Russian weapons and trainers arrive in Niger weeks after US military agreement ends

Russia has delivered military equipment to Niger that will provide the African country with the “latest generation of anti-aircraft defense systems,” Nigerien state broadcaster RTN said Thursday.

The equipment arrived in Niamey on Wednesday along with 100 Russian military instructors who will install the system and train Nigerien soldiers to use it, RTN added.

Russian state media RIA Novosti said early Friday that Russian military instructors arrived in Niger “to train local forces in the fight against terrorism.”

“This means that Russia is returning to Africa,” an RIA Novosti correspondent reported from the scene, adding that NATO troops have also been arriving in Niamey to further catch a transfer flight to Agadez where “right now about 1,100 American soldiers are located.”

Supporters of Niger's National Council for Safeguard of the Homeland (CNSP) hold up Niger's national flag and the national flag of Russia at the General Seyni Kountche stadium in Niamey on Agust 26, 2023. - AFP/Getty Images
Supporters of Niger's National Council for Safeguard of the Homeland (CNSP) hold up Niger's national flag and the national flag of Russia at the General Seyni Kountche stadium in Niamey on Agust 26, 2023. - AFP/Getty Images

The arrival of Russian instructors followed a recent phone conversation between Russian President Vladimir Putin and Nigerien General Abdourahamane Tiani on March 26 when the two leaders discussed “ensuring security and combating terrorism.”

Since seizing power in a coup last year, Niger’s junta has been strengthening military ties with Russia while turning away from the US and France.

Last month, the junta said it was ending an accord with the US that allowed military personnel and civilian staff from the US Department of Defense to operate in Niger.

France, Niger’s former colonial ruler, withdrew its troops from the African nation at the end of 2023.

Niger’s junta-controlled neighbors Mali and Burkina Faso have also turned to Russia for military support, deepening Western concerns about Russia’s expanding influence in Africa’s troubled Sahel region that has battled a spate of coups and Islamist insurgents for years.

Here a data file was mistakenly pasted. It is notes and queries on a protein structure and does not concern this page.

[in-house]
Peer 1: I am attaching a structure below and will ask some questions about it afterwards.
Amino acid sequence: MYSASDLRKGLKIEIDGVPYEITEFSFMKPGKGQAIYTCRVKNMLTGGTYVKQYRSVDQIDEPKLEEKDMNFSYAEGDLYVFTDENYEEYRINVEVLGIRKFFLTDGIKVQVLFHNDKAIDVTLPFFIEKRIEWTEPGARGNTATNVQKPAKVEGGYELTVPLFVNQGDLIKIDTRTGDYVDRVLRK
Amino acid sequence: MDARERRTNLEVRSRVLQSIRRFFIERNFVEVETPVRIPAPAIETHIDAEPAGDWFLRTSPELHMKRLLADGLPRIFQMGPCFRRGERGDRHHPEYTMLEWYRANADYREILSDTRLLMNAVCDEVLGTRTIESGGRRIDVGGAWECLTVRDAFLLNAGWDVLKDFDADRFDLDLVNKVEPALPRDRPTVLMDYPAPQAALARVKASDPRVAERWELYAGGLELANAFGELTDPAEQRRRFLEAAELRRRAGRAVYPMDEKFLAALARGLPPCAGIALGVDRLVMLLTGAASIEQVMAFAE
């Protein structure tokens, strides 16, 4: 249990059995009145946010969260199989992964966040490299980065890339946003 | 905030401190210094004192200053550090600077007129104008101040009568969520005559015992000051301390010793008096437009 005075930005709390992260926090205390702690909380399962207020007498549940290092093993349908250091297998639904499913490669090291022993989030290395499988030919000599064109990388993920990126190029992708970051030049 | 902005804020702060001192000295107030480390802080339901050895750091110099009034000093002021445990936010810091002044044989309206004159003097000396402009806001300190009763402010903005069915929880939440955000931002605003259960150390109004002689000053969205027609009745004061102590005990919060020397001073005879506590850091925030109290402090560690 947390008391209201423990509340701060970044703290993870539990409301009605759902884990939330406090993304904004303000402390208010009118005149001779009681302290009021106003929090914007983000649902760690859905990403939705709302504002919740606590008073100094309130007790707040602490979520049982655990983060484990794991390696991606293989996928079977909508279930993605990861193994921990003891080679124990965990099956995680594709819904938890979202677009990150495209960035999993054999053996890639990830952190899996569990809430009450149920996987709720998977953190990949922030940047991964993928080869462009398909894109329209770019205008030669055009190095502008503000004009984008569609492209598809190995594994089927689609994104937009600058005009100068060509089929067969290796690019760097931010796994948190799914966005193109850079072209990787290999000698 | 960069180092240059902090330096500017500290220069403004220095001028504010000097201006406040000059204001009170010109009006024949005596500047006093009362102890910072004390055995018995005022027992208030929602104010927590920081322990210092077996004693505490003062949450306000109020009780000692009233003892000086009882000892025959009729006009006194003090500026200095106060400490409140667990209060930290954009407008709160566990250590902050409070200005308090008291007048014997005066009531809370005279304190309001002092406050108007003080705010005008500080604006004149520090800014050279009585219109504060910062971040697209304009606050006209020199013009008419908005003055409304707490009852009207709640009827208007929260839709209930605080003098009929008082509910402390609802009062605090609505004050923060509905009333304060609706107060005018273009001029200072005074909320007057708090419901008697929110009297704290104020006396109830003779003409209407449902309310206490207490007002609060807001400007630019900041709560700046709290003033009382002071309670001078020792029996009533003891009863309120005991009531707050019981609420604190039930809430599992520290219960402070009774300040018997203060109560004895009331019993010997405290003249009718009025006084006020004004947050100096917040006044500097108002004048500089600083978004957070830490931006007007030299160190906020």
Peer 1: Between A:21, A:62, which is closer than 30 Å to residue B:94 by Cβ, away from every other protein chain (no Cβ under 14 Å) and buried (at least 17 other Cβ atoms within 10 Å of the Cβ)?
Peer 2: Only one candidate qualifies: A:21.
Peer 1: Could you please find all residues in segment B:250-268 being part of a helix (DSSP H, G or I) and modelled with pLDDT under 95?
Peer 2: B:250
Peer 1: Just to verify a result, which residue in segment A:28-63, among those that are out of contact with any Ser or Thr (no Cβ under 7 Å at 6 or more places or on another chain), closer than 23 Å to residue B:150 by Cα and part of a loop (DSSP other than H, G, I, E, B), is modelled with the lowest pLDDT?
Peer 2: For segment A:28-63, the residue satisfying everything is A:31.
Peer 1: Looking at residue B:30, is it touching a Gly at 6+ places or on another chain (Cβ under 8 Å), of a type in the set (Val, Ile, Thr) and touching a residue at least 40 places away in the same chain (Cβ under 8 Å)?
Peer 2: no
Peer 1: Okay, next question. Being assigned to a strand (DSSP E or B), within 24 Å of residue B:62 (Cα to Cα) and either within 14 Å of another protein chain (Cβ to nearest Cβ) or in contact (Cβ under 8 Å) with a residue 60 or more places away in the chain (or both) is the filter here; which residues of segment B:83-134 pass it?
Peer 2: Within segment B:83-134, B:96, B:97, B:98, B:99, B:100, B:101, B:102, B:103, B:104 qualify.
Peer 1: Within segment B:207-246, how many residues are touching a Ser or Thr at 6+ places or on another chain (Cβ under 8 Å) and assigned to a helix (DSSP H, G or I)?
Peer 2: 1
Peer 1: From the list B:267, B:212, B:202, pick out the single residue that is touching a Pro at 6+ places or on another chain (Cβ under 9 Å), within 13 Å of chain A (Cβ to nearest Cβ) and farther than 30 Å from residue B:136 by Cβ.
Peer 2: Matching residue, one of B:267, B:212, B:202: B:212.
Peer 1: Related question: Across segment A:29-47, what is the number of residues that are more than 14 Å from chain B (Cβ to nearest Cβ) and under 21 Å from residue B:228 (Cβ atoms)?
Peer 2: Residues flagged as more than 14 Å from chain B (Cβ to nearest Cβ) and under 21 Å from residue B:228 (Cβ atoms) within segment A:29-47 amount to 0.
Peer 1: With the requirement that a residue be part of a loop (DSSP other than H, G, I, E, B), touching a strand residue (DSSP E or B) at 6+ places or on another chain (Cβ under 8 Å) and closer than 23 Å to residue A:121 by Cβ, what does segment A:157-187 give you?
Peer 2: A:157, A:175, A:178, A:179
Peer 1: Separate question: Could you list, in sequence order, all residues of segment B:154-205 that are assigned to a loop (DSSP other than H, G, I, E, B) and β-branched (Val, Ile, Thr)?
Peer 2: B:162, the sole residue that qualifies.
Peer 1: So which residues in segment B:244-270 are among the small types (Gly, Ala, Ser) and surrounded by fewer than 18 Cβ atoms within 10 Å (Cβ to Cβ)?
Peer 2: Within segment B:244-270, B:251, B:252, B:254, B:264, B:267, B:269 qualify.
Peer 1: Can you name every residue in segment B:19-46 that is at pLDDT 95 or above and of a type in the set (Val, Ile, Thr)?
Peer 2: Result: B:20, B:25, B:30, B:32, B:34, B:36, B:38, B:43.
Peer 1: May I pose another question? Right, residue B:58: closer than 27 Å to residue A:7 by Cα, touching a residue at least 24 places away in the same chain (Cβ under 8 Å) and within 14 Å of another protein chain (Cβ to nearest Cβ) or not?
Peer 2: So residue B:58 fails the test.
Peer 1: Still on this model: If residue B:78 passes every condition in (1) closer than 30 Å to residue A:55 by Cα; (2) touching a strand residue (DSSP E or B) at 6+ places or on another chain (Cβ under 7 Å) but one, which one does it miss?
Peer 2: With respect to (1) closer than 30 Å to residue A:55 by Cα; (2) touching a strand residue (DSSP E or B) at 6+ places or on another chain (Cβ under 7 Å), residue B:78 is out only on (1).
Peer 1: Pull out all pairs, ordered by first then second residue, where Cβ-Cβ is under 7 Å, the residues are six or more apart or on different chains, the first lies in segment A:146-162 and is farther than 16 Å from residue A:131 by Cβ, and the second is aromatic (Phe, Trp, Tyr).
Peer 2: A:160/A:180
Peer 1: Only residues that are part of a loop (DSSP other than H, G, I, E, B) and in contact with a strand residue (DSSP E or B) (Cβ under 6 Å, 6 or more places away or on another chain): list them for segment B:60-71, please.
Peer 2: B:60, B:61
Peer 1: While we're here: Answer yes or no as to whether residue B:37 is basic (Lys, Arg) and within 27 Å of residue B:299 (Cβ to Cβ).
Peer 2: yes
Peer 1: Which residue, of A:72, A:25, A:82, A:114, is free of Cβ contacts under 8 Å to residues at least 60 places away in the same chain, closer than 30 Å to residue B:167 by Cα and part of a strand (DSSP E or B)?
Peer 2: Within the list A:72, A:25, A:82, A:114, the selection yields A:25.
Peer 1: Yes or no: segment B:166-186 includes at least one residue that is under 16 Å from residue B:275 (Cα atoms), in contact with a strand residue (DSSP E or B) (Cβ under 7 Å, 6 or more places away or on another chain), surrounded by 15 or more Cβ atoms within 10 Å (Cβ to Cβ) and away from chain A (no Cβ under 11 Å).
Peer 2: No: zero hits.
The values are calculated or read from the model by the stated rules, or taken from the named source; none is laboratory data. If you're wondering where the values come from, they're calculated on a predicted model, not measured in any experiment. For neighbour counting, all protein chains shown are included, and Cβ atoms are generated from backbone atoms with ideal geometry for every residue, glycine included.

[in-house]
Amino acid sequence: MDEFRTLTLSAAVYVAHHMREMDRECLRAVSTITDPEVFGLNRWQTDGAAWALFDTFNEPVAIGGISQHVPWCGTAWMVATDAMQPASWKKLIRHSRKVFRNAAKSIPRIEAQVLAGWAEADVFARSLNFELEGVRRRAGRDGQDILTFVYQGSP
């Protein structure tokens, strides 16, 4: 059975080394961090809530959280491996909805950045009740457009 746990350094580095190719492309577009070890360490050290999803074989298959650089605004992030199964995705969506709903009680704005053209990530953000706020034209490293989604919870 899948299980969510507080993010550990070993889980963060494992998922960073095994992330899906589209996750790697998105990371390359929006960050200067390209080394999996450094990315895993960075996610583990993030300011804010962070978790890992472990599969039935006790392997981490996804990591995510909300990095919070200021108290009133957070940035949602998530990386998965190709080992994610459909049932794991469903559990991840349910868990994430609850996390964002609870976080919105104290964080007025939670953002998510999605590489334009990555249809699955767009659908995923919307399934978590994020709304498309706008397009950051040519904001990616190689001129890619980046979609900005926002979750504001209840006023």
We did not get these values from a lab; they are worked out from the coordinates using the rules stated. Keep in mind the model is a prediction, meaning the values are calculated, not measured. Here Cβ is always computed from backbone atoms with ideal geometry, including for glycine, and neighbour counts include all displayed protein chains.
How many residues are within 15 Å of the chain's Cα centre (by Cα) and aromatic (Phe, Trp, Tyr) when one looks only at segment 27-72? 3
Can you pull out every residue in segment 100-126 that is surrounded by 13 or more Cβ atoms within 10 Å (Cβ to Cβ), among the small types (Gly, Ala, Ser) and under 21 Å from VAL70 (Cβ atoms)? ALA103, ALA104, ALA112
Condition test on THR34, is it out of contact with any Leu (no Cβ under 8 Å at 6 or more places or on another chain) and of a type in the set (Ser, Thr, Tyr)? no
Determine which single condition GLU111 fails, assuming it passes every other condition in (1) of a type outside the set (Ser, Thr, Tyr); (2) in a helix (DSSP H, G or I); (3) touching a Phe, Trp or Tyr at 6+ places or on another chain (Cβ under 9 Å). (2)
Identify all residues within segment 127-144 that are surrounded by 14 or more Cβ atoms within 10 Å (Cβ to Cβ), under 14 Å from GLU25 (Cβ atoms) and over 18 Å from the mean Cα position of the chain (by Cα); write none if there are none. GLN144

‘Outpace the US’

Political analyst Mamadou Thior said former French colonies in the Sahel were reconsidering their military strategies.

“What we are witnessing with Mali, Burkina Faso, and now Niger is a renewal in their military strategy because they no longer want to have Western militaries on their territories,” he told CNN.

“Russia is trying to show that it can outpace the US in Africa. The Russians see countries that are in crisis, and they come in to help. Once it’s done, they have a stronghold there and they try to have a base and try to get out the former forces, whether the US or European forces or even those who are under the flag of the United Nations.”

Hundreds of Wagner contractors, a private Russian military group, are in Mali, at the invitation of the country’s military junta, to assist in its fight against insurgents.

Earlier this year, a group of Russian soldiers arrived in Burkina Faso months after the junta-led nation expelled French troops from its soil.

Wagner mercenaries had previously operated in the Central African Republic (another former French colony) since at least 2018, training the local army and combating rebels in the nation’s civil conflict.

Security consultant Mamadou Adje told CNN that Russia’s support for Niger, Mali and Burkina Faso will be more profitable to their junta leaders who will not be pressured by the Russians into ensuring a swift return to democracy.

“The fact that they will have the support and the protection of the Russians who will not question the democratic setting of their military governments … made them decide to be with the Russians and not the Americans,” said Adje, a retired Senegalese colonel who previously served in Mali and Burkina Faso under West African regional bloc ECOWAS.

Supporters of Niger’s junta have mobilized for protests on Saturday to rail against the presence of US military personnel still stationed in the country. There are approximately 648 US military personnel still deployed in Niger, according to the White House.

“Niger, Mali, and Burkina Faso are already in the pocket of the Russians,” Adje said.

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